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Financial Services Law Insights and Observations

Democratic senators pen letter to trade org. that brought suit against CFPB’s credit card late fee rule

Federal Issues CFPB Credit Cards Junk Fees U.S. Senate

Federal Issues

On April 14, two Democratic senators, Sen. Elizabeth Warren (D-MA) and Sen. Sheldon Whitehouse (D-RI), wrote a letter to the head of a commercial trade organization that brought a lawsuit against the CFPB, challenging the CFPB’s rule capping credit card late fees. As previously covered by InfoBytes, the trade organization and other business groups sued the CFPB, challenging its recent final rule limiting most credit card late fees to $8. The senators wrote that the trade organization’s decision to sue was “outrageous and unwarranted” as the senators sought an explanation for the opposition.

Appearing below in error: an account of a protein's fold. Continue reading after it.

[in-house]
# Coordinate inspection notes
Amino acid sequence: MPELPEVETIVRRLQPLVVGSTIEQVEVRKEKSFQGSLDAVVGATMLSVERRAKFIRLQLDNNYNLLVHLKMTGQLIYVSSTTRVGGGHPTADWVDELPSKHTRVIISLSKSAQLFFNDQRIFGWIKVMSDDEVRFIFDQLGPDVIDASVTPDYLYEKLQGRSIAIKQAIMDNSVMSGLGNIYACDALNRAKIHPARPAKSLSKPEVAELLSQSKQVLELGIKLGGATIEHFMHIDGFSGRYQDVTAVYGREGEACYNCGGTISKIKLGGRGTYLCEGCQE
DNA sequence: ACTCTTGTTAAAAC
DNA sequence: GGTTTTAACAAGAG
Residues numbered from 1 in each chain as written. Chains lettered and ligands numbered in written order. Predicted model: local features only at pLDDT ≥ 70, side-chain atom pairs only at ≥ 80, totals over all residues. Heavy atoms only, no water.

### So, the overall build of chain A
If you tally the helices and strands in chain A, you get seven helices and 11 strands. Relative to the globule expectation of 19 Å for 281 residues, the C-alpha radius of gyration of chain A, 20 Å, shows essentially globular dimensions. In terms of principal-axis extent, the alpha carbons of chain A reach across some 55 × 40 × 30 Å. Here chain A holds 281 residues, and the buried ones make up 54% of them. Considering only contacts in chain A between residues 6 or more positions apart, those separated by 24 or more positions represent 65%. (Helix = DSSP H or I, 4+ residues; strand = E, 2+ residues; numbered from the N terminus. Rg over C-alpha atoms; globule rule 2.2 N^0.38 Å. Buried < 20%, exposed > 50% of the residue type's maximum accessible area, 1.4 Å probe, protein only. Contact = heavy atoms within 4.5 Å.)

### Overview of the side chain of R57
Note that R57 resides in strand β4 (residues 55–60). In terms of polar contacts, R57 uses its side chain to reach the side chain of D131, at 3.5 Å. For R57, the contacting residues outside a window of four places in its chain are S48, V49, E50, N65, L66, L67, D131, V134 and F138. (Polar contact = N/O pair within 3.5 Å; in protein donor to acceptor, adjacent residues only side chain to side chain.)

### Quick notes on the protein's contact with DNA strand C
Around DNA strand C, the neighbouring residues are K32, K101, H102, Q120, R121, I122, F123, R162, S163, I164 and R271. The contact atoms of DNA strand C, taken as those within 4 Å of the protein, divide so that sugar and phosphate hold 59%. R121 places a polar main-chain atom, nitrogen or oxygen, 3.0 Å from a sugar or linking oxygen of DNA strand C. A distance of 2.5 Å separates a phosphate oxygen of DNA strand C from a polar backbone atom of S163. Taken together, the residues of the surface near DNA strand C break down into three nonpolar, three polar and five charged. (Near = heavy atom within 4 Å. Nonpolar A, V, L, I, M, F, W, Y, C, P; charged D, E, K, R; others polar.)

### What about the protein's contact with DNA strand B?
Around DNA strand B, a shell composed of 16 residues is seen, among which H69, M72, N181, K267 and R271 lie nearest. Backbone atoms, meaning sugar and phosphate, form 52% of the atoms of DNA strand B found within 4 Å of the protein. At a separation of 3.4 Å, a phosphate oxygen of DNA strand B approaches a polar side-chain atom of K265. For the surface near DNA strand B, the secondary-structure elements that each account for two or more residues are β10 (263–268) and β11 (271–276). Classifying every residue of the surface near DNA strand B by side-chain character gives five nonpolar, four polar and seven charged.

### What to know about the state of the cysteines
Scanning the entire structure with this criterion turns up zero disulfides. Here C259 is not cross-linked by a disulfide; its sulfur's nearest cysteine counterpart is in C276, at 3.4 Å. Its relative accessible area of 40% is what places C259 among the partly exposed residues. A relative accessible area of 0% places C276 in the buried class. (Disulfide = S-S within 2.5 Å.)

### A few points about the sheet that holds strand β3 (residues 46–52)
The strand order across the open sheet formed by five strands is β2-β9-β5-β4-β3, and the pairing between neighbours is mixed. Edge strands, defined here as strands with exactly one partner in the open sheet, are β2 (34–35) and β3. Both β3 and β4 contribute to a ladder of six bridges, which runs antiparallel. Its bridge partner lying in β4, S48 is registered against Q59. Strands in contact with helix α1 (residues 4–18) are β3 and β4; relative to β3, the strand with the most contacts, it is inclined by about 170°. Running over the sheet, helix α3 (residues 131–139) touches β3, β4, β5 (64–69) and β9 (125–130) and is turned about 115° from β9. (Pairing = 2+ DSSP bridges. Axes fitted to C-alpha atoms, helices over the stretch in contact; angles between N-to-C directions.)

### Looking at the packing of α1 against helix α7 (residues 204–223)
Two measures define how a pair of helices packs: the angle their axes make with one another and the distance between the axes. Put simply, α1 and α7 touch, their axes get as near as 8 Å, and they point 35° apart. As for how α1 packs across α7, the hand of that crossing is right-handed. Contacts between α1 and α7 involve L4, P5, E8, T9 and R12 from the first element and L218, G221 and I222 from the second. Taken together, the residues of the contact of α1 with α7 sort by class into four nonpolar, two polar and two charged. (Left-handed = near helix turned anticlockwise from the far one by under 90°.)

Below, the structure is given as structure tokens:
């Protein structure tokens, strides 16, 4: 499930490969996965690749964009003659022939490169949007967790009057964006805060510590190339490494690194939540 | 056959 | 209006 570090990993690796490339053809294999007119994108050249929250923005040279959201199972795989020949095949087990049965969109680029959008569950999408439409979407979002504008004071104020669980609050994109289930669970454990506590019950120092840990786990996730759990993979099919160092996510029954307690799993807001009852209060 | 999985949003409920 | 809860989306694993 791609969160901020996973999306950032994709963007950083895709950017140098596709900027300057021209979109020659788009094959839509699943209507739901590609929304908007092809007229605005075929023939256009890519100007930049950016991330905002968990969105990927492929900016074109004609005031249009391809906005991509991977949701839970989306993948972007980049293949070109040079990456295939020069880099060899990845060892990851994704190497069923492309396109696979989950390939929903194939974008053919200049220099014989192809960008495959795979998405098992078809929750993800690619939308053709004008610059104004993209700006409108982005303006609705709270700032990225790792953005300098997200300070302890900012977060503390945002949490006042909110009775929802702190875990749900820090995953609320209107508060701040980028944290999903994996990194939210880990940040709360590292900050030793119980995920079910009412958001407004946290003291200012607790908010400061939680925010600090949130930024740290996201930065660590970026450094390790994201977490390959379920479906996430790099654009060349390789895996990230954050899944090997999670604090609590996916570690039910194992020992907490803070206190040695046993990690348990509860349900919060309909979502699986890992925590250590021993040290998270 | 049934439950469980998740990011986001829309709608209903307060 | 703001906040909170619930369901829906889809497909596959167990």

The senators stated that the lawsuit was “frivolous,” and argued that the trade organization neglected “Main Street businesses” and instead was “doing the dirty work of its big bank members” who charged these high fees. Bolstering their position that the rule would cover large credit card issuers only, the senators noted that the rule would be expected to apply to less than one percent of the 4,000 financial institutions offering credit cards. Further, the senators argued that this lawsuit was a pattern of the trade organization representing the interests of large corporations, citing a report that found that only 23 of the 28 million small businesses in the U.S. benefited from the trade organization’s litigation. In seeking an explanation, the senators requested answers to a series of questions, including “How did [the trade organization] reach the decision to sue the CFPB to stop the agency from putting this rule in place?” and “Has the [trade organization] conducted an economic analysis of how the CFPB proposal would impact its members?”